How Injured Racehorses Might Save Your Knees
A runner with a torn tendon has reason to envy a racehorse with the same affliction: horses have treatment options not available to human patients–most notably, injections of adult stem cells that appear to spur healing in these animals with shorter recovery time than surgical treatments. Now the same stem-cell therapies used routinely in competitive horses and increasingly in dogs are beginning to make their way into human testing.
Human stem-cell treatments are advancing quickly in many areas: therapies using adult stem cells derived from both fat and bone marrow are currently being tested for a variety of ailments, including Crohn’s disease, heart disease, and diabetes. (Bone-marrow-derived stem-cell transplants have been used for decades to treat blood diseases and some cancers.) But when it comes to orthopedic injuries, such as torn tendons, fractures, and degenerating cartilage, veterinary medicine has outpaced human care.
Veterinarians and private companies have aggressively tested new treatments for the most common injuries in racehorses, in large part because these animals are so valuable and can be so severely incapacitated by these wounds. “Soft-tissue injury is the number-one injury competitive horses will suffer and can end a thoroughbred horse’s career,” says Sean Owens, a veterinarian and director of the Regenerative Medicine Laboratory, at the University of California, Davis. Veterinary medicine also has much more lax regulations when it comes to treating animals with experimental therapies, allowing these treatments to move rapidly into routine clinical use without clinical trials. “Regulatory oversight of veterinary medicine is minimal,” says Owens. “For the most part, the USDA [U.S. Department of Agriculture] and the FDA [Food and Drug Administration] have not waded into the regulatory arena for us.”
Owens’s newly created research center aims to move both animal and human stem-cell medicine forward by conducting well-controlled trials not often performed elsewhere. “Part of our mission is to do basic science and clinical trials and also improve ways of processing cells,” says Owens. The center has a number of ongoing clinical trials in horses–one for tendon tears and one for fractured bone chips in the knee–that are run in a similar way to human clinical trials. The goal is to develop better treatments for horses, as well as to leverage the results to support human studies of the same treatments. Owens is partnering with Jan Nolta,director of the Stem Cell Program, at UC Davis, who will ultimately oversee human testing.
A handful of studies in animals have shown that these stem-cell therapies are effective, allowing more animals to return to racing, reducing reinjury rates, and cutting healing times. VetCell, a company based in the United Kingdom that derives stem cells from bone marrow, has used its therapy on approximately 1,700 horses to date. In a study of 170 jumping horses tracked through both treatment and rehabilitation, researchers found that nearly 80 percent of them could return to racing, compared with previously published data showing that about 30 percent of horses given traditional therapies could return to racing. After three years, the reinjury rate was much lower in stem-cell-treated animals–about 23 percent compared with the published average of 56 percent, says David Mountford, a veterinary surgeon and chief operating officer at VetCell.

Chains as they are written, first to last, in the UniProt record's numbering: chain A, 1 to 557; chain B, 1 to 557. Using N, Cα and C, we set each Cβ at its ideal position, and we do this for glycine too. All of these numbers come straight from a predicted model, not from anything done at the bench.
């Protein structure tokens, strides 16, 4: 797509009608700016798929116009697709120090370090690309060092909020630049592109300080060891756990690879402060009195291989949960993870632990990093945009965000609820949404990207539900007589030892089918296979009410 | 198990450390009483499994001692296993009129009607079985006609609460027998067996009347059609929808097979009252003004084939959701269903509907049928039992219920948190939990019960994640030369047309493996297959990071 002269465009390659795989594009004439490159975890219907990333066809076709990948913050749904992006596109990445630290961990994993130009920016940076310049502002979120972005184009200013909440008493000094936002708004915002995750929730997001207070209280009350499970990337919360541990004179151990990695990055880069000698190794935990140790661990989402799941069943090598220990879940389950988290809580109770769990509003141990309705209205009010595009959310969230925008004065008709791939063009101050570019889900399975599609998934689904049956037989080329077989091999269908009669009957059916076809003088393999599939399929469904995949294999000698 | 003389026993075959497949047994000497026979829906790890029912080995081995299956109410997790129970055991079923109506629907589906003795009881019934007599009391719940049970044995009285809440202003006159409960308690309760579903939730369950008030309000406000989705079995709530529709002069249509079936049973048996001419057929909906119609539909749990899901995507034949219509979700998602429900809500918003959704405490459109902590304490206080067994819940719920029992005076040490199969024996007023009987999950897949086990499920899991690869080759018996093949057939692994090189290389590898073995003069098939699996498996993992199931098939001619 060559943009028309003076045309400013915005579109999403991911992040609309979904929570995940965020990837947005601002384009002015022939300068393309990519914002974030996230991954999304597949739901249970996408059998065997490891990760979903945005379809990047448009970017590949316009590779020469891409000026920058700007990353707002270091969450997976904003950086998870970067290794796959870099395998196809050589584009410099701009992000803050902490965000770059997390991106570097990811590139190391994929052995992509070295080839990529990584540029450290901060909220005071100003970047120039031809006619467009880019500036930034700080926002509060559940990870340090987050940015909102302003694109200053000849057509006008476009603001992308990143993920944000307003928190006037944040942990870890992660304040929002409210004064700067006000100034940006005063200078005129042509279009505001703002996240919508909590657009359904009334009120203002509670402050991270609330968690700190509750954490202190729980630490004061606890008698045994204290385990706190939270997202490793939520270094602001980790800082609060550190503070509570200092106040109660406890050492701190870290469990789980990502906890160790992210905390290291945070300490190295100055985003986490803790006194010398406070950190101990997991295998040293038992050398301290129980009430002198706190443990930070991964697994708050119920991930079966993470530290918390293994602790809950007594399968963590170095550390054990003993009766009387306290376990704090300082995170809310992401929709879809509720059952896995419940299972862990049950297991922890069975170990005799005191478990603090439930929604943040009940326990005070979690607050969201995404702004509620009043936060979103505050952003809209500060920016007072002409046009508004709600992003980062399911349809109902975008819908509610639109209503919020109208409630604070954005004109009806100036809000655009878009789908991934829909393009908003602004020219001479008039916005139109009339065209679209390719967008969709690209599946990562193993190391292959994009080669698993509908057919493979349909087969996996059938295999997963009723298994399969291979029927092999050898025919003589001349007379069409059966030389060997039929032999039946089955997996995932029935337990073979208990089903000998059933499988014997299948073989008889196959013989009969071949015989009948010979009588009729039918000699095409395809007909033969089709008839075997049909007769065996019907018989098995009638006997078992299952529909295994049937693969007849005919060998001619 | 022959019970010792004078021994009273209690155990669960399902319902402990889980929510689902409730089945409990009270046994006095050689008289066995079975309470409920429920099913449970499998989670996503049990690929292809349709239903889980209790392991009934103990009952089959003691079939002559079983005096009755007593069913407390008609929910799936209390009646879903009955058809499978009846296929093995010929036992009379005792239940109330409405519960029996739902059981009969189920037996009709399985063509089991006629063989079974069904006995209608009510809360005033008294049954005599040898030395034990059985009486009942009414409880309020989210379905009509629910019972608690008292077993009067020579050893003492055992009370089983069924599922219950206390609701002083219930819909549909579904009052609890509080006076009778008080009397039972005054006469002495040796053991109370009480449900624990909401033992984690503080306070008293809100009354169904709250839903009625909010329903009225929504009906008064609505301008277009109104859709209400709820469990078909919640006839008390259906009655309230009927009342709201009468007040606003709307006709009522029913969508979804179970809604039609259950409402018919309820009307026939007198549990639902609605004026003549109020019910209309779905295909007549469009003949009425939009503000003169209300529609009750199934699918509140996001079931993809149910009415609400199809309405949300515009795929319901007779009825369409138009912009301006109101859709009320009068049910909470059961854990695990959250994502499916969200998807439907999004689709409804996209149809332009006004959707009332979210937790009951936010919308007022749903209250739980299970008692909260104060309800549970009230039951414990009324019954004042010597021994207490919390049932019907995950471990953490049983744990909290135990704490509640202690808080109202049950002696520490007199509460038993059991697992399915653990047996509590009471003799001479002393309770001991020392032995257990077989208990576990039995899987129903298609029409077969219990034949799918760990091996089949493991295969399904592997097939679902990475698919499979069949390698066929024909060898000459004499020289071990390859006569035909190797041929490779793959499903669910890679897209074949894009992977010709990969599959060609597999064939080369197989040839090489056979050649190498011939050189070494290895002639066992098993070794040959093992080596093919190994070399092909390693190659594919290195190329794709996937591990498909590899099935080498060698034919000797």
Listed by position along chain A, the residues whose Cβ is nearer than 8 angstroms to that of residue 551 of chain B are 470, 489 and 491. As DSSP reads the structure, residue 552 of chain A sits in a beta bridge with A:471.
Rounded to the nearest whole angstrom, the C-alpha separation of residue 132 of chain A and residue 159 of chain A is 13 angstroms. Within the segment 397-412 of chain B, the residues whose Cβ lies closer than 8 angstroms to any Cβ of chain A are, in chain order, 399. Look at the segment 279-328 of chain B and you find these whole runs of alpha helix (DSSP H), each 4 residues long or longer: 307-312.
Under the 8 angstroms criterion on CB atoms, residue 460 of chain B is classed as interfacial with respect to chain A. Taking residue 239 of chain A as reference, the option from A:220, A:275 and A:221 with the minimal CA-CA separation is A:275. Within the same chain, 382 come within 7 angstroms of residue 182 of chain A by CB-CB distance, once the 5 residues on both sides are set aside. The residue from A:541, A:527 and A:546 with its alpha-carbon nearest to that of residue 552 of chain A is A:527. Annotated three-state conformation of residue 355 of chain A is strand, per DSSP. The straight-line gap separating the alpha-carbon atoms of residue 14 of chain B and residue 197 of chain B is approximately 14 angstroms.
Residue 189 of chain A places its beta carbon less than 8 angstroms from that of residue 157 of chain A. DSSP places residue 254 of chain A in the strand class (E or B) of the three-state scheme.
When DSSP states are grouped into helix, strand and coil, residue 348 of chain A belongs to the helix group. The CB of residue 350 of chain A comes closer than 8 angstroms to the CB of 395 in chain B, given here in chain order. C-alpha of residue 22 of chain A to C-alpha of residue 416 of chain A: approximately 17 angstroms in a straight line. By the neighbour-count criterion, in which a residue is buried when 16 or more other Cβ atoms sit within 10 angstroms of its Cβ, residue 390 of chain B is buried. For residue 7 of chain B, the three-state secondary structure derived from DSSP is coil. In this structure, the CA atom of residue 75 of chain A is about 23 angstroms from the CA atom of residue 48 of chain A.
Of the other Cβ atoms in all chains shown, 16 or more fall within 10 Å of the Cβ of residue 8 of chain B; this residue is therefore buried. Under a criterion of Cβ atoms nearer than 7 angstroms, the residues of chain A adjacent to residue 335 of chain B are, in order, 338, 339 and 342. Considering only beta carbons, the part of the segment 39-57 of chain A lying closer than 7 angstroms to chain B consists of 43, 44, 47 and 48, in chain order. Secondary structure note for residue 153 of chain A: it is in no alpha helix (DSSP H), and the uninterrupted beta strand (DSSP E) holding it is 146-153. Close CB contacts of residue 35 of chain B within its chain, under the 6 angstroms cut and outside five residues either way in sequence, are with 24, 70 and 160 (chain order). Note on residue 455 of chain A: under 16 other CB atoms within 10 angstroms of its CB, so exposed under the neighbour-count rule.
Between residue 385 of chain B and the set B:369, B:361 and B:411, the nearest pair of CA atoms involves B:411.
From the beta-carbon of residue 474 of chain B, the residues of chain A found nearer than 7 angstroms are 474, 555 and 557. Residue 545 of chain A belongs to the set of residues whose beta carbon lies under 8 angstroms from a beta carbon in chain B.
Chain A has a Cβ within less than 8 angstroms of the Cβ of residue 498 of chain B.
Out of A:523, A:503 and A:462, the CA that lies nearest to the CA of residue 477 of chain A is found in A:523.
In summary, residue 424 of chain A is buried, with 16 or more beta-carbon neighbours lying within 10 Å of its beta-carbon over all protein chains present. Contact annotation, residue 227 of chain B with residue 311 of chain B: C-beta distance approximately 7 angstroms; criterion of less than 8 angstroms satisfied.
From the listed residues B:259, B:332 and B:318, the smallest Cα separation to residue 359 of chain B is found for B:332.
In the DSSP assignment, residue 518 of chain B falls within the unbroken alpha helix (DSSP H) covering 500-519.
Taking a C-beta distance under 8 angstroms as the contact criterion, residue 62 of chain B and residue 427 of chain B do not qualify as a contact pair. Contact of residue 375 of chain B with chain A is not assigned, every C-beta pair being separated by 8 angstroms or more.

While scientists still don’t know exactly how the cells aid repair of the different types of injuries, for tendon tears, initial studies show that stem cells appear to help the tissue regenerate without forming scar tissue.
Mountford says that the company chose to focus on tendon injuries in horses in part because they so closely resemble injuries in humans, such as damage to the Achilles tendon and rotator cuff. For both people and horses, tendon tears trigger the formation of scar tissue, which has much less tensile strength and elasticity than a healthy tendon. “It becomes a weak spot and prone to injury,” says Owens.
Next year, VetCell plans to start a human clinical trial of its stem-cell treatment for patients with degeneration or damage of the fibers of the Achilles tendon. As in the horse therapy, stem cells will be isolated from a sample of the patient’s bone marrow, then cultured and resuspended in a growth medium also derived from the patient. Surgeons will then inject the solution into the area of damage, using ultrasound imaging to guide the needle to the correct location. “Our long-term goal is to use it to treat a number of tendon injuries,” says Mountford.
Stem-cell therapies also show promise for arthritis. Vet-Stem, a California-based company that uses stem cells isolated from fat rather than bone marrow, has shown in a placebo-controlled trial that the treatment can help arthritic dogs. “About 200,000 hip replacements are done every year in humans,” says Robert Harman, a veterinarian and founder of the company. “That’s a very good target for someone to look at cell therapy.”
For osteoarthritis, the stem cells seem to work not by regenerating the joint, but by reducing inflammation. “But in the last couple of years, evidence has come out that the cells we use reduce inflammation and pain, and help lubricate the joint,” says Harman.
While Vet-Stem does not plan to move into human testing, Cytori, a company based in San Diego, has developed a device for isolating stem cells from fat in the operating room. (Vet-Stem does the procedure manually: veterinarians collect a fat sample from the animal and then send it to the company for processing.) Cytori’s device is currently approved for use for reconstructive surgeries in Japan but not yet in the United States.
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